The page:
On Monday, March 16*, Mayor LaToya Cantrell ordered the closure of bars, music clubs, casinos, and gyms and restricted restaurants to deliveries only. Gov. John Bel Edwards issued a similar order statewide for at least 30 days. Archbishop Gregory Aymond announced the cancellation of church Masses indefinitely to support social distancing. The hope behind these measures is to "flatten the curve," reducing the acceleration rate of the virus, which has devastated Italy and tilted the world economy.

Tourism is the top industry here. In 2018, the city enjoyed a $9.1 billion impact from 18.5 million visitors, according to a consultant study by D.K. Shifflet & Associates. As news of the virus surged, large conventions began cancelling. So did two major conferences scheduled for late March: Tulane's New Orleans Book Festival, with John Grisham and Malcolm Gladwell among its speakers, and the Tennessee Williams Literary Festival, in its 34th year, the headliners including St. Joseph Sr. Helen Prejean and novelist Colm Tóibín.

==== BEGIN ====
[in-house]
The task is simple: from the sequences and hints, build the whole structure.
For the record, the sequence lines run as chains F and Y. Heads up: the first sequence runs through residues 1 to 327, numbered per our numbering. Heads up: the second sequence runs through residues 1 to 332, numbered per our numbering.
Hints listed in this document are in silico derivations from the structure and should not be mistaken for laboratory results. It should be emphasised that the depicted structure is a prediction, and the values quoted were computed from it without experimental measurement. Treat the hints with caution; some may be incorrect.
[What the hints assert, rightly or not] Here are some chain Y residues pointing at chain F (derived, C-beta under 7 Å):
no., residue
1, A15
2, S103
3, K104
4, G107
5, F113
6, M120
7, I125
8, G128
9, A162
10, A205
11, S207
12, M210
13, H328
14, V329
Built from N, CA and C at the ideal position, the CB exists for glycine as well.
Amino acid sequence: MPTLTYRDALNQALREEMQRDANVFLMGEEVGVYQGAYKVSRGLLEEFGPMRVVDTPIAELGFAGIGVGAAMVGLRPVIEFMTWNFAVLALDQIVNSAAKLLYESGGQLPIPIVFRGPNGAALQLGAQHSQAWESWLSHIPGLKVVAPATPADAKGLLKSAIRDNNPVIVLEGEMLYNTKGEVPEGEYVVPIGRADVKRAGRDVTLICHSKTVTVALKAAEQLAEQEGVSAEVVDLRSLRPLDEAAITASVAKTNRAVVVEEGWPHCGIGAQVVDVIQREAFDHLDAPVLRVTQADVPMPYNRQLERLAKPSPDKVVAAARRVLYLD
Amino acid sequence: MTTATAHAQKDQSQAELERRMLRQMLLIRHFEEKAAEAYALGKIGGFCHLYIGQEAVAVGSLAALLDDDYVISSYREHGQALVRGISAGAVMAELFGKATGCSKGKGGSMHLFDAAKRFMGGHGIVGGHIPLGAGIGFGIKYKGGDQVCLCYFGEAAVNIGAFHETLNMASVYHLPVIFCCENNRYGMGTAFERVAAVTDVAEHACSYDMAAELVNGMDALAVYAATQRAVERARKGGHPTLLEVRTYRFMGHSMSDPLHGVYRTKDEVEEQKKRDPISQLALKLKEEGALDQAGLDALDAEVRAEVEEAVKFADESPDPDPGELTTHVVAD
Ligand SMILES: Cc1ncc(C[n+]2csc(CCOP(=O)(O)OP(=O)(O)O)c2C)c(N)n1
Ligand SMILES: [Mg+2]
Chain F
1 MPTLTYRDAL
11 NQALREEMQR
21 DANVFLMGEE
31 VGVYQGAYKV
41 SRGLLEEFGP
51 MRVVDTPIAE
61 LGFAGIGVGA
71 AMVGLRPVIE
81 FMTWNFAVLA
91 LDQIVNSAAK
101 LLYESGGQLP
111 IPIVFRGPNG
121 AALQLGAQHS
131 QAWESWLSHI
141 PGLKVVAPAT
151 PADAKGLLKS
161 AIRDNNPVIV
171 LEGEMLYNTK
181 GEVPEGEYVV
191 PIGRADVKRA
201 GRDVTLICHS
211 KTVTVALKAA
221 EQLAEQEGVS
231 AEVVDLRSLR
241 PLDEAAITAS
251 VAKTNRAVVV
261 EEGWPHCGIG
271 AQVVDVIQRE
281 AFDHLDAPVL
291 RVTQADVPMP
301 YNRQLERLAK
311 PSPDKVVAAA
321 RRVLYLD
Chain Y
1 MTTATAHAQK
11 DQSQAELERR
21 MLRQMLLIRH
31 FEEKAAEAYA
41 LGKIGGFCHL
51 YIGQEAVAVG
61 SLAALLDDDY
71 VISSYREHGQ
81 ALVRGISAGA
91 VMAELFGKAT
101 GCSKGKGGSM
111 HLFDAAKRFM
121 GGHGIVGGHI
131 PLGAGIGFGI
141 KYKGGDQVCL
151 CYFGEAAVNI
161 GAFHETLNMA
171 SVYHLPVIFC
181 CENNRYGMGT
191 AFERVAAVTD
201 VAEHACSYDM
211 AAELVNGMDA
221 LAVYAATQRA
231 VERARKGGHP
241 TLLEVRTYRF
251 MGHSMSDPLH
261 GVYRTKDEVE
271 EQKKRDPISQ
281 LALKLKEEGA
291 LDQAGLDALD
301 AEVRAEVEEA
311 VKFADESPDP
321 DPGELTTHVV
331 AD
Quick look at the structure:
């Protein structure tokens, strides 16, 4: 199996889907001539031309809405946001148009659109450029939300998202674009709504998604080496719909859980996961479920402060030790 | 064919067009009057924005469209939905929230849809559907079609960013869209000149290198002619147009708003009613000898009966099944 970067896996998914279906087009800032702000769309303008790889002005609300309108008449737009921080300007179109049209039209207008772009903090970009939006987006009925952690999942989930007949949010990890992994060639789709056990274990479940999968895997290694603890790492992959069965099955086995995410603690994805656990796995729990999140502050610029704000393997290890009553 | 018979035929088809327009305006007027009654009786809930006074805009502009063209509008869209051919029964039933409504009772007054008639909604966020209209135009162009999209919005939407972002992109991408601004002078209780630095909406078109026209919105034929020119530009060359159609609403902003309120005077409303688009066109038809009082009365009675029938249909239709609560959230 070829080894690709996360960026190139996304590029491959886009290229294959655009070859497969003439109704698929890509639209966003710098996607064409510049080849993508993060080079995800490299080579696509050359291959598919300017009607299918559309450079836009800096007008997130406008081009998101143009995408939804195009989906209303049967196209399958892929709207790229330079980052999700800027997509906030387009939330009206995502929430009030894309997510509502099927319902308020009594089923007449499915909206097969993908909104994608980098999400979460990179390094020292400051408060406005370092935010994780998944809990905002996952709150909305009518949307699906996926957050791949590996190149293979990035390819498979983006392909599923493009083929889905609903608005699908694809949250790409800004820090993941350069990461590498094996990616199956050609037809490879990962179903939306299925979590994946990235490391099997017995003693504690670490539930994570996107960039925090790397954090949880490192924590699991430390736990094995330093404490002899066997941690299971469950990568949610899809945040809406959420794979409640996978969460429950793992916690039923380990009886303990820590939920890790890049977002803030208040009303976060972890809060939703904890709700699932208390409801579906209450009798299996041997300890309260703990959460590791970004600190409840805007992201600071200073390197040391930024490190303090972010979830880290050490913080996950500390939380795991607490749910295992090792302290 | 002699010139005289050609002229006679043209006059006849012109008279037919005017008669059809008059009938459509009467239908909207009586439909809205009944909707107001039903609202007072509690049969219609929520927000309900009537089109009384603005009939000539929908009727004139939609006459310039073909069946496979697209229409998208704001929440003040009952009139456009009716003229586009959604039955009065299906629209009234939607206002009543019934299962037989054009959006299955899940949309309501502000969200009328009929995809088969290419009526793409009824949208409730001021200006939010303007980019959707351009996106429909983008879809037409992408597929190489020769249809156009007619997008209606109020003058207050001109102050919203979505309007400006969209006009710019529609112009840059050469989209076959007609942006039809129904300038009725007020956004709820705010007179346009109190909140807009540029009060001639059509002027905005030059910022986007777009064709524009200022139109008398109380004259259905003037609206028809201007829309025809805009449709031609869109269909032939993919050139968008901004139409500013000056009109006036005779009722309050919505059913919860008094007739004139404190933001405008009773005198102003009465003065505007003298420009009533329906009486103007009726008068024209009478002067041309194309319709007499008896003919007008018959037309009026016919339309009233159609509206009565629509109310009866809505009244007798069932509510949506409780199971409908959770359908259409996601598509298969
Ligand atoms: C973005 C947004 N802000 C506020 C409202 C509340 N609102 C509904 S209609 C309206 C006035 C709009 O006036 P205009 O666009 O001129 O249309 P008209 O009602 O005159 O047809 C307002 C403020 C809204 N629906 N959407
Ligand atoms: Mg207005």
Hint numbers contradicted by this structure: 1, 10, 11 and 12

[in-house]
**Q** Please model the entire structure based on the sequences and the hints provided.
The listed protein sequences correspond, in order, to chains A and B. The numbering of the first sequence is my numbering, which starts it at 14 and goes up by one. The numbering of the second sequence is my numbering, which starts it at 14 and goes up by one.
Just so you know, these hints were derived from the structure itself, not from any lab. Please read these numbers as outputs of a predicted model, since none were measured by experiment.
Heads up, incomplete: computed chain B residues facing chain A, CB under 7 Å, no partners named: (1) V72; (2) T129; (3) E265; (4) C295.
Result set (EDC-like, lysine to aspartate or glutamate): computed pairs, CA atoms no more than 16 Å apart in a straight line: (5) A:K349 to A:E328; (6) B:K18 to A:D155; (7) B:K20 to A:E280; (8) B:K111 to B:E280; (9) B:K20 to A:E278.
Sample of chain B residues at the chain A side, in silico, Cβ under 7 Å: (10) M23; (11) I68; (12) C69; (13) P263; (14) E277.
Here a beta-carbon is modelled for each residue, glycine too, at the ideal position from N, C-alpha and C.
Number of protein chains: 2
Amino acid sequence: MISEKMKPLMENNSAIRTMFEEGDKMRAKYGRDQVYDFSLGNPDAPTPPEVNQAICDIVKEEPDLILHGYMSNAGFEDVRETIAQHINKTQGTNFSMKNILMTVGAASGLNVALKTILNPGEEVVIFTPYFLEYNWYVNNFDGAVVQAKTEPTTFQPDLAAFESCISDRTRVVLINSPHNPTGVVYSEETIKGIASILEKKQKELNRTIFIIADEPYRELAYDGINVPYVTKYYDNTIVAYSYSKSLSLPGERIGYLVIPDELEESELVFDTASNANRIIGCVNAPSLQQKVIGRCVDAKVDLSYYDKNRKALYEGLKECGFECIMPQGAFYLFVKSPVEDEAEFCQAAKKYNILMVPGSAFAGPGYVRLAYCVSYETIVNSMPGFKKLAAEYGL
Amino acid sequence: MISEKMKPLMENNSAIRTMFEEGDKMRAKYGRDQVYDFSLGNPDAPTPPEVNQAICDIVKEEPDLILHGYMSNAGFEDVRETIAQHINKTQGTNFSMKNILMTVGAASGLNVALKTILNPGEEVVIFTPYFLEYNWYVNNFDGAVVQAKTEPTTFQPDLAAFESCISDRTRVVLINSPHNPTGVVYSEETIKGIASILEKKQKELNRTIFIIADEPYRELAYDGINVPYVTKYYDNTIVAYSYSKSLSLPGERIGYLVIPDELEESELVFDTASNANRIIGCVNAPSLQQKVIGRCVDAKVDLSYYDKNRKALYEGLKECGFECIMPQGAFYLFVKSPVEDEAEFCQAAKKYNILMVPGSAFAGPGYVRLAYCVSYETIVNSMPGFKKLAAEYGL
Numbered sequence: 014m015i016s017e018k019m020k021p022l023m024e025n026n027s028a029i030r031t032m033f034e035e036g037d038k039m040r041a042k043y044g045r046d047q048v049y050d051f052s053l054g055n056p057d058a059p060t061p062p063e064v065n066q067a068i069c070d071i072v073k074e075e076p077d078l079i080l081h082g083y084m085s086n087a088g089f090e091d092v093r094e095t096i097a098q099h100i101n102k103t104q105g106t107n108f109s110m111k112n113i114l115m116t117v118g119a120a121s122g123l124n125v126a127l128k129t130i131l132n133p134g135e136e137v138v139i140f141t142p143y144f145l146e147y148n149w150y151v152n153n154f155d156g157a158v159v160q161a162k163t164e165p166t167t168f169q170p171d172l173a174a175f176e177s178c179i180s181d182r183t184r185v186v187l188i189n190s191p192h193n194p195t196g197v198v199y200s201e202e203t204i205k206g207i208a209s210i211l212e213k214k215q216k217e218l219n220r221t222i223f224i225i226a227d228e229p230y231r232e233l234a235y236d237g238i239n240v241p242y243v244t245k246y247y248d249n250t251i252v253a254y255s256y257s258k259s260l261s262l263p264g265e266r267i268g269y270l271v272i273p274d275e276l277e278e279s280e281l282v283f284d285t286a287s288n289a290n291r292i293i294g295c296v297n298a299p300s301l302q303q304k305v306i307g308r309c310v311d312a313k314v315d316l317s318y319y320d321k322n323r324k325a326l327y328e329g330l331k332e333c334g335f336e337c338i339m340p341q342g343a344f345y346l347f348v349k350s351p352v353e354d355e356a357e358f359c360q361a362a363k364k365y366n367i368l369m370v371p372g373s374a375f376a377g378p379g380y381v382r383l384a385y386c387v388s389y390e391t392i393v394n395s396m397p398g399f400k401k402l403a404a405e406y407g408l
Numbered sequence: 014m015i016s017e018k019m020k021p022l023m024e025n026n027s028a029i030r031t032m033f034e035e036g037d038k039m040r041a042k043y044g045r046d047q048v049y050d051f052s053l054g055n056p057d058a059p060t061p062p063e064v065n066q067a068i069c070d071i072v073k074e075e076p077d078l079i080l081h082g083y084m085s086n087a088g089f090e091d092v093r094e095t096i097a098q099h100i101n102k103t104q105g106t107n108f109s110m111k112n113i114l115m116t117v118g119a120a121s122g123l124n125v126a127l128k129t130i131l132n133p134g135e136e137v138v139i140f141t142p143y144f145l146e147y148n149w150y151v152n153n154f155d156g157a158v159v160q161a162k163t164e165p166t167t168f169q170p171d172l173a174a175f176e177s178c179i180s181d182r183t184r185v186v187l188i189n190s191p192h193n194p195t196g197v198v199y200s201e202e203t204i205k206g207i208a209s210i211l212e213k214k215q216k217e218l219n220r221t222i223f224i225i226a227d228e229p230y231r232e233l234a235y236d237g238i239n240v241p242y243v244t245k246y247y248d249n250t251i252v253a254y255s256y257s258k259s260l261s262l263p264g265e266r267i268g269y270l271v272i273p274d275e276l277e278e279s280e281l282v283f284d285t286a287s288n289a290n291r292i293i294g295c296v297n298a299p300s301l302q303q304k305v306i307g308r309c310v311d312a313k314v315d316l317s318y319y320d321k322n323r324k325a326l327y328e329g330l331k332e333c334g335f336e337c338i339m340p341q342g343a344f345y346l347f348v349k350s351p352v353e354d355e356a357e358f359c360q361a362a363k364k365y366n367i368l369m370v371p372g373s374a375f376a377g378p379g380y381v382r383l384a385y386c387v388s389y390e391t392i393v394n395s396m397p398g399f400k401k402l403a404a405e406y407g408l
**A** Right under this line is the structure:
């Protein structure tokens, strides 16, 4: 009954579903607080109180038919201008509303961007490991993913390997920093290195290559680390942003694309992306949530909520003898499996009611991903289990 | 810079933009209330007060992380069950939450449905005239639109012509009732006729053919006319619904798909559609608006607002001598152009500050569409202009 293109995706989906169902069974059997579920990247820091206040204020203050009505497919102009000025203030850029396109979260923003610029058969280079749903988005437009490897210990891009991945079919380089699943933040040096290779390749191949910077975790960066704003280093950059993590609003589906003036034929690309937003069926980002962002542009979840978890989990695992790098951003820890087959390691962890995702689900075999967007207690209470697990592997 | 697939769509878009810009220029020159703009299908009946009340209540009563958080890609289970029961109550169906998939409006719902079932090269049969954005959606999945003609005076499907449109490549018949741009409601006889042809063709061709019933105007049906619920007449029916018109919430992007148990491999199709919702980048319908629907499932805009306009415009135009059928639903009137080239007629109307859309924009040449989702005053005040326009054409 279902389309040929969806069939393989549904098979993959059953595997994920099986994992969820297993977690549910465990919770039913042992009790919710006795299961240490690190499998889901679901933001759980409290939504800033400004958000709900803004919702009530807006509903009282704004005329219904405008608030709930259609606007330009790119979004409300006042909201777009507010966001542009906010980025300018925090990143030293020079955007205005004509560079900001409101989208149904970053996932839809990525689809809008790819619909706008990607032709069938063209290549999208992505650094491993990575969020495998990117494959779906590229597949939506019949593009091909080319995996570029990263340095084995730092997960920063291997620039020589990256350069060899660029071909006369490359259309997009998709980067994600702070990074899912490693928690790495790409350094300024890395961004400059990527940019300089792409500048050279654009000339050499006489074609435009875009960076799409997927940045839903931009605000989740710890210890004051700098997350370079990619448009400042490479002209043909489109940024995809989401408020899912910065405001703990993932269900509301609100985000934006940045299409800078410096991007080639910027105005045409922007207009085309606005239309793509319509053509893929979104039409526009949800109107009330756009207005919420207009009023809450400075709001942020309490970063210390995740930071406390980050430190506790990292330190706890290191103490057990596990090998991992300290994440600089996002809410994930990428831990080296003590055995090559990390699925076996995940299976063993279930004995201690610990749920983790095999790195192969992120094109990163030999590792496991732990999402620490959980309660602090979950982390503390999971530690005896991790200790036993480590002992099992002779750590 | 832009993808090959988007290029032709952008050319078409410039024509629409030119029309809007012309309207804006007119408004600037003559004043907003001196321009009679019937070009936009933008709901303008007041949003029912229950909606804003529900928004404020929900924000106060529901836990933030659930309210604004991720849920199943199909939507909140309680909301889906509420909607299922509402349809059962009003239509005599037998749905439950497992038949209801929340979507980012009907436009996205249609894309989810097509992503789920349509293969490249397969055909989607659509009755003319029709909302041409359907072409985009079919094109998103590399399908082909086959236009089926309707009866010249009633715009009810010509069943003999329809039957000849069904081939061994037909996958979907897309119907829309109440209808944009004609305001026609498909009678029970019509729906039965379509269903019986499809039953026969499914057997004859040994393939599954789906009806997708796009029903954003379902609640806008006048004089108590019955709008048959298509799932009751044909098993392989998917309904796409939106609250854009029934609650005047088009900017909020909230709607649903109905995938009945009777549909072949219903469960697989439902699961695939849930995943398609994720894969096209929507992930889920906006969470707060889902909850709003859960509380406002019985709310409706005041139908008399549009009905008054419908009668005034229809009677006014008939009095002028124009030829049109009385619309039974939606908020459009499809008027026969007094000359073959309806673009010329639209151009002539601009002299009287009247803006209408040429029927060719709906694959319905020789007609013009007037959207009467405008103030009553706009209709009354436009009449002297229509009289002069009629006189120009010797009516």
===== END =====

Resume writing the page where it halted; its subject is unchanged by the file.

April's French Quarter Festival featuring several music stages cancelled, costing hundreds of musicians and sound engineers their expected paychecks, along with anticipated revenues from restaurants and bars in the economy's peak season. French Quarter Fest announced its hope of rescheduling in October, barring a worse free-fall in tourist travel.

The 50-year old New Orleans Jazz and Heritage Festival draws hundreds of thousands of music aficionados for a 10-day stretch between the last weekend of April and first weekend of May. Jazz Fest is a $300 million annual pump for the economy. On March 17, the festival announced it would postpone the event, hoping to reschedule in the fall.